Jackson Browne Makes A Lot Of Tea

Jackson Browne, Los Angeles, CA, 1971 | Henry Diltz

Keep a fire burning in your eye
Pay attention to the open sky
You never know what will be coming down
-Jackson Browne, “For A Dancer”

Former NBA player, now turned writer Paul Shirley, just wrote a fantastic book called “The Process Is The Product.” Readers of this blog know how obsessed I am with process–I believe it’s everything–and Shirley’s book does not disappoint. I highly recommend you reading. In it he recounts the story–also told in the phenomenal documentary, “The History Of The Eagles” where Eagles guitarist Glenn Frey reveals how he finally learned to write songs. In those days, Frey liked to sleep in. He was busy living the “rock star life.” One early morning a teapot– belonging to eventual Eagles collaborator Jackson Browne–whistled in the apartment underneath Frey’s, waking him up. Here’s the excerpt from the book…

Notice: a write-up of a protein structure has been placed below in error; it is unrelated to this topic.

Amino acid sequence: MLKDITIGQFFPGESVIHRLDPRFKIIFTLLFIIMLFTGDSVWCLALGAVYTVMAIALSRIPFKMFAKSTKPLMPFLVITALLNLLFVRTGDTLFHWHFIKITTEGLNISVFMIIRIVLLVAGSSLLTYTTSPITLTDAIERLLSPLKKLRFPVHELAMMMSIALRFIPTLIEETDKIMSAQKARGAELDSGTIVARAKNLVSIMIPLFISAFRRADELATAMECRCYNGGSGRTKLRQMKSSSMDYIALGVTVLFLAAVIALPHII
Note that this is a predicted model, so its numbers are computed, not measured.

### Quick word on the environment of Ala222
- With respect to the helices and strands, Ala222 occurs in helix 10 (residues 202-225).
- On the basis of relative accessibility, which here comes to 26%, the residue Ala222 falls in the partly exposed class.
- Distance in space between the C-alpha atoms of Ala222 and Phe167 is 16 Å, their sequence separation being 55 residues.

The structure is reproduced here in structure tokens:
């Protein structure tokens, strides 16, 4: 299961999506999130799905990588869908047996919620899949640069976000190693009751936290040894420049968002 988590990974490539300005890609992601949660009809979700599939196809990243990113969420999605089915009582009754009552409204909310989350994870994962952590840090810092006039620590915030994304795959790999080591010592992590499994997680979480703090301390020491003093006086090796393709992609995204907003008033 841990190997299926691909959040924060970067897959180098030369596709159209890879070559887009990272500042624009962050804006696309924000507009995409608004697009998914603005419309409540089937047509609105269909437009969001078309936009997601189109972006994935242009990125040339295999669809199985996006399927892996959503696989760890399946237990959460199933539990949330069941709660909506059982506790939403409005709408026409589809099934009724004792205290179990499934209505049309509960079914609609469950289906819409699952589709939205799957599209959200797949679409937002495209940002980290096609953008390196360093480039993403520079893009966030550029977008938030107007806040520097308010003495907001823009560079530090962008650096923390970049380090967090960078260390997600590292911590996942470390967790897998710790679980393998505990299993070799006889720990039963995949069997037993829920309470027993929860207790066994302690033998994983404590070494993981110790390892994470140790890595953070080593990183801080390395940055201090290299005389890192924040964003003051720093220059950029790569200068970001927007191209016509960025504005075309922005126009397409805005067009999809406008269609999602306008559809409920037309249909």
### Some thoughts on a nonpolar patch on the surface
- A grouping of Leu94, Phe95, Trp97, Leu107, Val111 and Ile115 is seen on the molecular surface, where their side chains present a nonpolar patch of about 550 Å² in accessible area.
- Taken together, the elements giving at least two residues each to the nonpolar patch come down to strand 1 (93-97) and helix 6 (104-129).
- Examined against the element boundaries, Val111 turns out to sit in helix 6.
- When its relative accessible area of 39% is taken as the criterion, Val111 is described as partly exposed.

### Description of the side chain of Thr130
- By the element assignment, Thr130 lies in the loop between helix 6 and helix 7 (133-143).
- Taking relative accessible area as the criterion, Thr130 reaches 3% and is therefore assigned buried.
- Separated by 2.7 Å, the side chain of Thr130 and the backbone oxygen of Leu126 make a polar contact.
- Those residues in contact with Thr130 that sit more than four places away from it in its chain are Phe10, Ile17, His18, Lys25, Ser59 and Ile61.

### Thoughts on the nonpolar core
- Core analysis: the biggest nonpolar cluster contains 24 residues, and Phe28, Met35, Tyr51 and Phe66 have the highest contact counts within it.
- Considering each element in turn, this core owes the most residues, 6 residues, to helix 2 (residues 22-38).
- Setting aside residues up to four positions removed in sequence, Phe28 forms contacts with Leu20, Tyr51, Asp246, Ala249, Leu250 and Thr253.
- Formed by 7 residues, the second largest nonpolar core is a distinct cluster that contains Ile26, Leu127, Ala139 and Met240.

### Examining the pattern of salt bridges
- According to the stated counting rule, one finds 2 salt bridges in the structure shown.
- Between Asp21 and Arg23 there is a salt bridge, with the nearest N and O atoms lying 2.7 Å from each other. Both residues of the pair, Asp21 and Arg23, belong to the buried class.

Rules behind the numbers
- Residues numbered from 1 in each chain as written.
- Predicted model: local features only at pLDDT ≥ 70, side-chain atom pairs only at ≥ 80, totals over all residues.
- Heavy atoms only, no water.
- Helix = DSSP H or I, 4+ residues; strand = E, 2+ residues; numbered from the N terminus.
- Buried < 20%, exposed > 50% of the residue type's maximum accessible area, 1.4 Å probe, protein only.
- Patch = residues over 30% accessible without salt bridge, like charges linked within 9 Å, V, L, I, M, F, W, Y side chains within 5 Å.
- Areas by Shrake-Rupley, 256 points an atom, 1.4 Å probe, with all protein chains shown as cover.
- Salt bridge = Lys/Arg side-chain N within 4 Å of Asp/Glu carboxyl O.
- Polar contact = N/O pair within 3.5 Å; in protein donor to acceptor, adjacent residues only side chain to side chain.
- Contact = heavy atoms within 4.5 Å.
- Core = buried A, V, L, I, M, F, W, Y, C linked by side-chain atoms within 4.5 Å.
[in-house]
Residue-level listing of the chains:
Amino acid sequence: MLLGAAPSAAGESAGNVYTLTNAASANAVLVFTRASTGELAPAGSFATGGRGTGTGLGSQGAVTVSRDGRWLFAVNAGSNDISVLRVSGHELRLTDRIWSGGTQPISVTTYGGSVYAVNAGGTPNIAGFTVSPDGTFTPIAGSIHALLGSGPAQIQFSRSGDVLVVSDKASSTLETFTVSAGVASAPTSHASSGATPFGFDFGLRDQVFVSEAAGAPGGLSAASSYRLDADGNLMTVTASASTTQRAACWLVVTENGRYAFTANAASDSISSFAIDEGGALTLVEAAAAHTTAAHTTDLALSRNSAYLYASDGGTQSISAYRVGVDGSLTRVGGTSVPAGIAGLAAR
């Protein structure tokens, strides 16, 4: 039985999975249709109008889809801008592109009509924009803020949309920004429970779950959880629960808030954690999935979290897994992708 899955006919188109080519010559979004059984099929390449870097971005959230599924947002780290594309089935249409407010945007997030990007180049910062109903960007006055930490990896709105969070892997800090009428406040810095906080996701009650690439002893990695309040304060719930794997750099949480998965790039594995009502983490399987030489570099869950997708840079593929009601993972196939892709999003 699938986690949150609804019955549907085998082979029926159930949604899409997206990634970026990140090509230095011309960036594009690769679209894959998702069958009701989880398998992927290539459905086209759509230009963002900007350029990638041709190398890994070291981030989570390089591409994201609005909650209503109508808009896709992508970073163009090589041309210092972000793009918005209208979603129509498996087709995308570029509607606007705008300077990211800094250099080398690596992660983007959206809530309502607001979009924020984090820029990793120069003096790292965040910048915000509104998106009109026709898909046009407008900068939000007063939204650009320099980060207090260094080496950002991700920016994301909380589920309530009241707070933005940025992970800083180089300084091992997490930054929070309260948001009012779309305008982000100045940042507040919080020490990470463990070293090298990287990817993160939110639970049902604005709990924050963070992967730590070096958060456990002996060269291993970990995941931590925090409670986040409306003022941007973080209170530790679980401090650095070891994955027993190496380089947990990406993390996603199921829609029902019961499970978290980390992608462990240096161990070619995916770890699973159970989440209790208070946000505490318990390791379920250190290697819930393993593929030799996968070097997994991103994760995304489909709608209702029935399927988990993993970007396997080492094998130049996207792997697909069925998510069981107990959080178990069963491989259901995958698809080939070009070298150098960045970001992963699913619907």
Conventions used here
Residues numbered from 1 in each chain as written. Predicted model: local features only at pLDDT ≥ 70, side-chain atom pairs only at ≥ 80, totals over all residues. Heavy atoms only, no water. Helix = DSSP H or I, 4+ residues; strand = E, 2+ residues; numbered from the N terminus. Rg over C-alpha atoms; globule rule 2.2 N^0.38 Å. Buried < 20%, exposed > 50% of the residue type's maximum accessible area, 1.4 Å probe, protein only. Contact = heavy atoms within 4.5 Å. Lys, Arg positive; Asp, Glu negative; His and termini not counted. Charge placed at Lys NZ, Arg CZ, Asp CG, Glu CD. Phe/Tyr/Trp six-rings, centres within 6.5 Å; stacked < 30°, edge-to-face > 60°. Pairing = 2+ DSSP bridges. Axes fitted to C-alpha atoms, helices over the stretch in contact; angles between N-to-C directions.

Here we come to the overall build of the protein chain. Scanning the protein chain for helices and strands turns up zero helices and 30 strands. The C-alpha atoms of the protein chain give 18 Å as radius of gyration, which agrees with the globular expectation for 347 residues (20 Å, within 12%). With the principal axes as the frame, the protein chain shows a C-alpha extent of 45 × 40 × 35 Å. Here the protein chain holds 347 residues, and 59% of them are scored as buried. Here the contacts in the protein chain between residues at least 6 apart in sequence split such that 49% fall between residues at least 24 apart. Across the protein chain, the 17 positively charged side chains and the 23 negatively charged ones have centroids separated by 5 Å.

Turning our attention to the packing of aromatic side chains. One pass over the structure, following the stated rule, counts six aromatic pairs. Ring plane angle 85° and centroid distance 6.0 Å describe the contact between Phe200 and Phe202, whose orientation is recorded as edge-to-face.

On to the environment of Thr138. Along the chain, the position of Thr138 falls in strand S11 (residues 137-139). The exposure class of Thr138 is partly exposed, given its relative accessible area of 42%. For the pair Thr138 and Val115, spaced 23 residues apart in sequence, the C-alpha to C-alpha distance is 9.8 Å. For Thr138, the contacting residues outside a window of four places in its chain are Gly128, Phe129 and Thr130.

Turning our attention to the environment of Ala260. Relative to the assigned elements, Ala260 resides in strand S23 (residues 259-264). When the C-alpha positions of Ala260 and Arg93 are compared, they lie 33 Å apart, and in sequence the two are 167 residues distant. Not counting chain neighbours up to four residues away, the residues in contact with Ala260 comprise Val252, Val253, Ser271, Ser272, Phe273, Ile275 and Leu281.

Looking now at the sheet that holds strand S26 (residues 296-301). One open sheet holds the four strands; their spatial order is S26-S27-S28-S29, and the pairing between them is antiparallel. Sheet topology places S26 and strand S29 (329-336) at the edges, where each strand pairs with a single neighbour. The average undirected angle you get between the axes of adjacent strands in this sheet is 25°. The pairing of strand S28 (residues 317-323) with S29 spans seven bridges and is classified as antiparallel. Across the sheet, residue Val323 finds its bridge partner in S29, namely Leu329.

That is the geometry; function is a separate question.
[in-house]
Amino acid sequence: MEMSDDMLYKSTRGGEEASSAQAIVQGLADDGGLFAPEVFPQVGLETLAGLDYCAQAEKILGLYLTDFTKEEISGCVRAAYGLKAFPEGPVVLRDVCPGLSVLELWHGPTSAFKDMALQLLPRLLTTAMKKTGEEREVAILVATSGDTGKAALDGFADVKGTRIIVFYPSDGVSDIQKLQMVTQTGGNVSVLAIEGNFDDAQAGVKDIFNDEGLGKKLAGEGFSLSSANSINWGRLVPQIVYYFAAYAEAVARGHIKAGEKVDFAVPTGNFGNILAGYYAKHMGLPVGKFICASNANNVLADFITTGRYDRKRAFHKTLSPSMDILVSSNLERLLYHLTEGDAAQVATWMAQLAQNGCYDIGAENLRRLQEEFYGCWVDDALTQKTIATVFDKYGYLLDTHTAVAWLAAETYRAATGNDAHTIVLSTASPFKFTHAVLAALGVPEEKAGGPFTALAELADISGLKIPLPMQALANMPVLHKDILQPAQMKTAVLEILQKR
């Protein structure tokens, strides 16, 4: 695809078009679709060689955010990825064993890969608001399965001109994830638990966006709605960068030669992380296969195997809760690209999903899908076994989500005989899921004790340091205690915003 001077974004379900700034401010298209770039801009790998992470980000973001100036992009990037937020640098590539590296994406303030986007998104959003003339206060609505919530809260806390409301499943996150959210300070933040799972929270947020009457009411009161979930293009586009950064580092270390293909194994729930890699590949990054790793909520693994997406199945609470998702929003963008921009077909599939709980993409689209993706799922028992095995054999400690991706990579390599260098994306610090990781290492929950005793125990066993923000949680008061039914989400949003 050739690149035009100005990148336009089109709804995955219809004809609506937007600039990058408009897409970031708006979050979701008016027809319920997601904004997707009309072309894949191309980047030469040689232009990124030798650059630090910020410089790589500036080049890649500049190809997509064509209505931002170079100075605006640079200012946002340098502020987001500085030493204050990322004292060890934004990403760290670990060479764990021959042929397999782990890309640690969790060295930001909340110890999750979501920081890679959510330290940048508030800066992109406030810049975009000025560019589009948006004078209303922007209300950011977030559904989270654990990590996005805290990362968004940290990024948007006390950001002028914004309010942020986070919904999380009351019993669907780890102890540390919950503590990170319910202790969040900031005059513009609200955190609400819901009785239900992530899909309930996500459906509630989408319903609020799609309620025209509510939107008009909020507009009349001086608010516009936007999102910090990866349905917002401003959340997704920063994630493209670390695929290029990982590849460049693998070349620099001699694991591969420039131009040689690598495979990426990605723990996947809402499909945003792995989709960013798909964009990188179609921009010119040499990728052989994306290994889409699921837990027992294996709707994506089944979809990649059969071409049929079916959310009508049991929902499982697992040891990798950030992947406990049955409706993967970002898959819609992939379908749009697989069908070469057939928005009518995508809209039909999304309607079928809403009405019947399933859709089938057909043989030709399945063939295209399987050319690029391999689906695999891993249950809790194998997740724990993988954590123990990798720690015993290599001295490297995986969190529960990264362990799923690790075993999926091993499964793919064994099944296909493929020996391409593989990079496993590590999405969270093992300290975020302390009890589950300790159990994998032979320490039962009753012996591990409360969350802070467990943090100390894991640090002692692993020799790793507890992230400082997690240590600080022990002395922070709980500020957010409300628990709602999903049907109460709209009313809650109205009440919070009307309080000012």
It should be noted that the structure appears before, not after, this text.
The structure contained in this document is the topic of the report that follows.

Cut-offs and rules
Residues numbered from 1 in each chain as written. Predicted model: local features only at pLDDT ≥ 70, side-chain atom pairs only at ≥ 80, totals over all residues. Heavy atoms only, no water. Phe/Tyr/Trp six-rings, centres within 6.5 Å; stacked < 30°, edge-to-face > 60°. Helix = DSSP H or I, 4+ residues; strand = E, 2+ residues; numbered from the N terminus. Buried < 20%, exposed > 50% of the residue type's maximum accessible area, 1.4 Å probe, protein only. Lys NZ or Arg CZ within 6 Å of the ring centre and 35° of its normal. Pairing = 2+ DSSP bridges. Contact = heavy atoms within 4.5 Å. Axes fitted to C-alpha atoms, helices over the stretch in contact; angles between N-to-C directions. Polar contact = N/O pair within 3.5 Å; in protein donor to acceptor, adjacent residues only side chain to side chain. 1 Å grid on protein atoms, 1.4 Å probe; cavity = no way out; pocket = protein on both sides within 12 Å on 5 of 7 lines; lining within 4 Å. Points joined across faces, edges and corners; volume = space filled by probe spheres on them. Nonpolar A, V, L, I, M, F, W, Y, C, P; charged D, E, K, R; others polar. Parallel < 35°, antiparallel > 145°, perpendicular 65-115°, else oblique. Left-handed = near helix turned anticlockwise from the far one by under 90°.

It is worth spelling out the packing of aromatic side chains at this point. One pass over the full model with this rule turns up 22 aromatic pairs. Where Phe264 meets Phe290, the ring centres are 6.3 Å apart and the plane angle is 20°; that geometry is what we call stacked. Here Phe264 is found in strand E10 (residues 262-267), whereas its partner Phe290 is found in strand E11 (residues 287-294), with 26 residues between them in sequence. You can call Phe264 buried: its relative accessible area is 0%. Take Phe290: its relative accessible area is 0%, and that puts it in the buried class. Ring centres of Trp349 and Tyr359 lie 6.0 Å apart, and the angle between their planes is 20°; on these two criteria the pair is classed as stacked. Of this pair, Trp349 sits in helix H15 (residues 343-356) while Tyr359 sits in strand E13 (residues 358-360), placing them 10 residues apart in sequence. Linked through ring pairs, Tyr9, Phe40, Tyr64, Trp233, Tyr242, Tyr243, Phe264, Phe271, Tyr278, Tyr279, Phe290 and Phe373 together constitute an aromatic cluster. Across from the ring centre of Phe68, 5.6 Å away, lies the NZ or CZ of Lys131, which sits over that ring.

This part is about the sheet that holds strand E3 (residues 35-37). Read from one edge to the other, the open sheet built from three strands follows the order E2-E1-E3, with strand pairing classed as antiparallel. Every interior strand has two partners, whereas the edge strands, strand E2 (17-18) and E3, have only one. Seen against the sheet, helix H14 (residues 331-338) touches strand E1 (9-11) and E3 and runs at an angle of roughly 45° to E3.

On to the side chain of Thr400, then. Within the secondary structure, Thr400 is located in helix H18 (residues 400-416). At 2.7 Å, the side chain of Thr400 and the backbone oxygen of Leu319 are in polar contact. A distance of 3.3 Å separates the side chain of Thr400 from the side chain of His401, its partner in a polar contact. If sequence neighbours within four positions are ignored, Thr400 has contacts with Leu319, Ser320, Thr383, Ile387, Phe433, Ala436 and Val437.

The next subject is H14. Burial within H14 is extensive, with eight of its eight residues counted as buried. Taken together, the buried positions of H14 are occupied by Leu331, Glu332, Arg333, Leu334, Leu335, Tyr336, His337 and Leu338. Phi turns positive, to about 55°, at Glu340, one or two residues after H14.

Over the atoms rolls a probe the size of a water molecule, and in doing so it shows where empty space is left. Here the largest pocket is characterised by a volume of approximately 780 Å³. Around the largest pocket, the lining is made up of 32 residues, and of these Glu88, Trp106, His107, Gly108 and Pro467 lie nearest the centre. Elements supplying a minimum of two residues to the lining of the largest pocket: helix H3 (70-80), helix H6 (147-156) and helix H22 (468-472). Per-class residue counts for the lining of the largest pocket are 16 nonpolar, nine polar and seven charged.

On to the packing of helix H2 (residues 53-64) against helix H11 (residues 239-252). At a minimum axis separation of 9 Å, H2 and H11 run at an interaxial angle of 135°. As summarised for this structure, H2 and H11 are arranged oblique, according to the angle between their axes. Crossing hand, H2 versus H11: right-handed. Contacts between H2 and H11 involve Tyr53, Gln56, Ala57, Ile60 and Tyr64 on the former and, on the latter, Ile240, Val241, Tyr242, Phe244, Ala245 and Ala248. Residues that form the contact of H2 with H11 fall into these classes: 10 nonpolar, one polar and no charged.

Jackson would get up and play the first verse and the first chorus. He’d play it 20 times until he had it just the way he wanted. There’d be silence. I’d hear the teapot go off. It would be quiet for 10 or 20 minutes. I’d hear him play again—second verse. He’d work on that second verse and play it 20 times. Then he’d go back to the top of the song until he was really comfortable with it. And I’m up there going, ‘So that’s how you do it.’

Jackson Browne was already something of a songwriting genius—a precocious one, at that. At 16, he’d written a song made famous by Nico of Velvet Underground fame. At 18, Browne was writing songs for—and playing with—the Nitty Gritty Dirt Band. Glenn Frey realized that this songwriting success wasn’t happening for Jackson Browne because of luck or by coincidence or thanks to a muse he’d dragged back from the Troubadour. It happened because Jackson Browne had a system that allowed him to access regular periods of focus.

Choose systems over goals.

And love doing the work. For nothing more than the work itself.

Process. Process. Process.

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